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- About Me
I took another trip to visit the rare Burrowing Owl in Humboldt county, IA. I watched for about 5 hours from the car and it stayed near the burrow the entire time. About every 20 minutes or so it would stand on the top on the dirt mound at the burrow and vocalize in every direction. I believe that it was calling for a mate, which seems unlikely that he would find one being so far from normal breeding territory. In the images below the owl has his head on backwards, Yes, you are looking at the back side - note the tail feathers. (Click images to see larger and watch the video below.)
Watch the short video below...
There are a lot of different birds and wildlife to be found in the Sax-Zim Bog area in Northern Minnesota, you just need to spend some time driving around to find them. All photos were taken with the long telephoto lens from the car, except for the Northern Hawk Owl. I had to hike back in the the woods to get that one this time to get better lighting. But it was very high at the top of a very tall spruce tree looking and listening for voles under the snow. The Great Gray Owl and Pileated Woodpecker were both quick grab shots out the window and then they flew away. There are so many more birds and wildlife that I didn't get, but because of heavy snow I decided to head home early.
Click the pictures below to see larger in a slide show.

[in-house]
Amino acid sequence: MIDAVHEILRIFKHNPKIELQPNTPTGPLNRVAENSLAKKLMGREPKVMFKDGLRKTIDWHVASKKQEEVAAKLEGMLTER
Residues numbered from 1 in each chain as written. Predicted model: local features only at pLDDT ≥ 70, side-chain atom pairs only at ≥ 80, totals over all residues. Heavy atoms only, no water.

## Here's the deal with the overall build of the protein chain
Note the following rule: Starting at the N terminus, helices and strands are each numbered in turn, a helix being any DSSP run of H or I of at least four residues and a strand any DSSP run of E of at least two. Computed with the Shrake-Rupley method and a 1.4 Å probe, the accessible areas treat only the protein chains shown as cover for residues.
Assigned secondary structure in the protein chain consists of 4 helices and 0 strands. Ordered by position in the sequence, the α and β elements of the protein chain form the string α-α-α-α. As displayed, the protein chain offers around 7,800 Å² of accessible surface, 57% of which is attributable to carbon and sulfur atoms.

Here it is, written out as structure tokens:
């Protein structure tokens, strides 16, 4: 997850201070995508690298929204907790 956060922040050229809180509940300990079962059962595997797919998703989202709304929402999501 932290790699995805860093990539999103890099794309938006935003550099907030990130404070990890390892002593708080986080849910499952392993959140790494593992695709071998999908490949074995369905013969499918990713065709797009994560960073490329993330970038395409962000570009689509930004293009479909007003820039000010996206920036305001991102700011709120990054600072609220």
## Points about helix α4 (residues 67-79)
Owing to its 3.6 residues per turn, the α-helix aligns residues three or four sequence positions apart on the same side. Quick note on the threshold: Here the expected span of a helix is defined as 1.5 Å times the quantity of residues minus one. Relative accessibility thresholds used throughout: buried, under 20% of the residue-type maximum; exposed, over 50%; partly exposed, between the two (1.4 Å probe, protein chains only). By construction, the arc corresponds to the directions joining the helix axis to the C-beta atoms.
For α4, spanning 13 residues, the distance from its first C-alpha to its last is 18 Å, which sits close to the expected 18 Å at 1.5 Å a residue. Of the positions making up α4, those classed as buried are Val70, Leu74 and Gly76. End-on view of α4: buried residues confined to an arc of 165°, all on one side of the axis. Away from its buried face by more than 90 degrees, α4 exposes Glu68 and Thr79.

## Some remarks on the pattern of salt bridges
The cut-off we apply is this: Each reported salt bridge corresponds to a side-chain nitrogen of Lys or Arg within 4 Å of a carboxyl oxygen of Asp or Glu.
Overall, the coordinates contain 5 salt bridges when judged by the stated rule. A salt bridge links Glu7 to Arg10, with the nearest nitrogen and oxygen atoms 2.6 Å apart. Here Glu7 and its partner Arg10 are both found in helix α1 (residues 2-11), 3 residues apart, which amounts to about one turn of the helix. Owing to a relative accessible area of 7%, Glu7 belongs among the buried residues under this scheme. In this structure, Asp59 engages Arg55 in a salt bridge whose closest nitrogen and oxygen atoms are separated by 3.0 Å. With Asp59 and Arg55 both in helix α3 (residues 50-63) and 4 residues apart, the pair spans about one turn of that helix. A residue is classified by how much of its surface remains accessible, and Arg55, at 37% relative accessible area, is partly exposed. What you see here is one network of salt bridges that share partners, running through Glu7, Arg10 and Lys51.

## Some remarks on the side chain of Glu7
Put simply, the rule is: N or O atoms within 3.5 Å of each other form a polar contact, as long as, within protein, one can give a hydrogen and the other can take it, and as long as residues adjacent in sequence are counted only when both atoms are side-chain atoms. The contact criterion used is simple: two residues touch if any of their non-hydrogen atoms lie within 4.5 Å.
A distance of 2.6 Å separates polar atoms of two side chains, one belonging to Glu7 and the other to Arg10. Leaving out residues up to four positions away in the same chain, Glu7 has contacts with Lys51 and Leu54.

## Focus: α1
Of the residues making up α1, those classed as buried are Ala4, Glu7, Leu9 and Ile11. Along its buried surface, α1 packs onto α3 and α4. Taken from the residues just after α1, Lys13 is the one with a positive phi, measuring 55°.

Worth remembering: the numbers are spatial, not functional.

I was thrilled to get photos of a Boreal Owl in northern Minnesota. They are one of the smaller owls in North America, at about 10 inches only about the same size as a Burrowing Owl and two inches larger than the Northern Saw-Whet Owl and similar in stature. The facial disk of the Boreal Owl is framed in black and it has a light colored beak, where the Northern Saw-Whet Owl has a black beak and white eyebrows. The habitat of the Boreal Owl is primarily Canada, Alaska and the Northern Rockies, so it gets a lot of attention when seen in the northern states in the Winter. I was fortunate to meet someone to show me where to find one. With a 600mm lens and 1.4 extender, effectively 840mm, I was able to keep my distance from the bird and still get some fairly close up photos, but I did still need to crop the images in the computer to get the close-up view. Boreal Owls and Northern Saw-whet owls are both very approachable, and generally don't seem to be bothered by photographers if not getting too close and making noise or commotion. Some bird books identify them as being 'tame', but I think tolerant is a better description. They don't want to expend any extra energy to fly away, because they need that energy to hunt every night.
Finding one isn't easy. Below is a medium view of the under brush as seen from the road while driving by. There is a Boreal owl in the upper right quadrant of this photo. Can you find It? Neither could I when standing in front of it, until someone pointed out the owl to me. The images below were taken on different occasions. Click the images below to see larger.
A Short video (no audio):